Newfound energy

Schroer’s depression is no longer insurmountable, and she anticipates spending more time with her children and grandchildren.  She doesn’t fear going to bed, instead welcoming the opportunity to sleep each night. Schroer also feels fine walking around with friends and family in a flea market for several hours. Before, she said she would wait behind and fall asleep wherever she was sitting. “If you’ve never lived through that fog of poor sleep, it’s hard to understand,” Schroer said. “You just feel like every step you take that your foot weighs twice as much as it does. “Now, I am the person who wants to go. I am not the person who wants to stay behind and watch the bags.”

JoAnna Schroer’s town of Hickory, Kentucky has not fully recovered from the damage, seen here the day after tornadoes touched down in December 2021.

Good Samaritan

Success doesn’t mean Schroer wasn’t scared before going on her Inspire journey. She knew there was something that would be implanted in her, and she needed to get used to the idea. She said wished she had someone to talk to who had Inspire and could tell her what to expect and how the process went. This is why she volunteers her time.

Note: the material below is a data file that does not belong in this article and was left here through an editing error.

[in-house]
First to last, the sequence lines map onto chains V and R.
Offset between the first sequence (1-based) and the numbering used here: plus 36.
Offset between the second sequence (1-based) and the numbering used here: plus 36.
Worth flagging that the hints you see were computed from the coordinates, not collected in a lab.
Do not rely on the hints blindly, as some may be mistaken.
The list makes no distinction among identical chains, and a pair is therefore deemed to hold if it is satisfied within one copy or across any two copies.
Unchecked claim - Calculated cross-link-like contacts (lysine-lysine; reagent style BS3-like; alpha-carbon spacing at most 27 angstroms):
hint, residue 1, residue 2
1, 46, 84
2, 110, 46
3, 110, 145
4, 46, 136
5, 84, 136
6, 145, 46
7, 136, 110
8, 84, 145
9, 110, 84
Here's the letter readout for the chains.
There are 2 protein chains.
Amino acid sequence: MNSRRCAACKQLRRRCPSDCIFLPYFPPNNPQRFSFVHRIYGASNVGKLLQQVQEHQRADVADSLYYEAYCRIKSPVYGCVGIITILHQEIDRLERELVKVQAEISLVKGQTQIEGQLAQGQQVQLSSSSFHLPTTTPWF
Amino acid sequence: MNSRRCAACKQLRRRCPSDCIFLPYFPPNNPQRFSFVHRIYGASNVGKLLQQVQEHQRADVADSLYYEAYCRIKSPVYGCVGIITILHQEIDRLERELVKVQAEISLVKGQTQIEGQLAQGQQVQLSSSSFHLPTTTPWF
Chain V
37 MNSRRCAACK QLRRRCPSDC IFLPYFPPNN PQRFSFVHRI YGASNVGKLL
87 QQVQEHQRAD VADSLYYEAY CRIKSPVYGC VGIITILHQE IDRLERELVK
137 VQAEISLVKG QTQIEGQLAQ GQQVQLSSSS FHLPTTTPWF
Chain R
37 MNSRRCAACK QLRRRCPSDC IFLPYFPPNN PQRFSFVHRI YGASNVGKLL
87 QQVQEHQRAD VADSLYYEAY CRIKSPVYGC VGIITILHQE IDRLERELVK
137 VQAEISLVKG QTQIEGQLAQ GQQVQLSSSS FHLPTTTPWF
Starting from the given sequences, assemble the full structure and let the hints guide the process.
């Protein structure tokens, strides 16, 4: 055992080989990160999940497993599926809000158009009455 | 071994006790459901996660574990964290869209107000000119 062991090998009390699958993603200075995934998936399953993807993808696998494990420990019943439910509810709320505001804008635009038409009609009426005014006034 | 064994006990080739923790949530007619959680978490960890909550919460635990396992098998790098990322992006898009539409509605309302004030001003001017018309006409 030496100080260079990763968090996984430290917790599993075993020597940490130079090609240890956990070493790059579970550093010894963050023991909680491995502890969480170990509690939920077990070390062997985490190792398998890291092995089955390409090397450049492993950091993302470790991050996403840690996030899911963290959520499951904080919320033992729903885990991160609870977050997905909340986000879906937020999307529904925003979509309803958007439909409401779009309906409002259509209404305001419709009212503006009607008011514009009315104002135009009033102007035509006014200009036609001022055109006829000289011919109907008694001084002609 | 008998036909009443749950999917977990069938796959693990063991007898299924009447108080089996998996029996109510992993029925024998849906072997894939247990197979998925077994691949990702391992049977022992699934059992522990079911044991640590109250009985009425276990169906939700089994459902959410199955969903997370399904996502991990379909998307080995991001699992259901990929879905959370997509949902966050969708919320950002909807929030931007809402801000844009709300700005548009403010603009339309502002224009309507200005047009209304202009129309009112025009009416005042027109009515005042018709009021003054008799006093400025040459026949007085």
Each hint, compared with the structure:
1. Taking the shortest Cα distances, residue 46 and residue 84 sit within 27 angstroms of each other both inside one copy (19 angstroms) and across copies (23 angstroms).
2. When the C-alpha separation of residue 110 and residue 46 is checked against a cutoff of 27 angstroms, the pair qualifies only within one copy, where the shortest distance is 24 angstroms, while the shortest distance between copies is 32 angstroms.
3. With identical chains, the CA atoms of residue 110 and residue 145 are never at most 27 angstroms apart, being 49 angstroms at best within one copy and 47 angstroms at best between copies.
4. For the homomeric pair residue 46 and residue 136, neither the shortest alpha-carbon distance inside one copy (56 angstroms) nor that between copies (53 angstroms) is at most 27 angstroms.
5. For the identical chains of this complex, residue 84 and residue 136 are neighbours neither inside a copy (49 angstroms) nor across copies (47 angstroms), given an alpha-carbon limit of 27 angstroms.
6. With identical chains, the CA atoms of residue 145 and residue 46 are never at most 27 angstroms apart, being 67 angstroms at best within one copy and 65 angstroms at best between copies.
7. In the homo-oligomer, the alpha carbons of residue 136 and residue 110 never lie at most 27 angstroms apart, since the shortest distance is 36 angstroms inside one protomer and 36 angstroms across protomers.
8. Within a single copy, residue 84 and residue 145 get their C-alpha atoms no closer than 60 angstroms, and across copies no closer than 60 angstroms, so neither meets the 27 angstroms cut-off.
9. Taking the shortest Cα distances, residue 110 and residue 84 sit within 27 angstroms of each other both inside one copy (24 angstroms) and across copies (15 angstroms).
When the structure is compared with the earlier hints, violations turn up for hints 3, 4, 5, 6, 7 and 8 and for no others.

Schroer recently took a friend to one of her follow-up Inspire appointments to learn more about Inspire. Schroer is no stranger to being helpful. Just look back to that unforgettable night in December 2021. Even then, one of the biggest takeaways is how much sleep can affect us. Schroer said she’s thankful that Inspire gave her the energy and ability to push through to help her community in the days following the tornado. “People say, ‘How do soldiers stay awake when they are at war?’ I know from dealing with the tornado,” she said. “I mean, I was up for 72 hours. I don’t know how I did that. I know my body knew that it had to because it was in a state of emergency and adrenaline took over. “But I know when it was over, I needed recovery sleep, which we all need every single night.”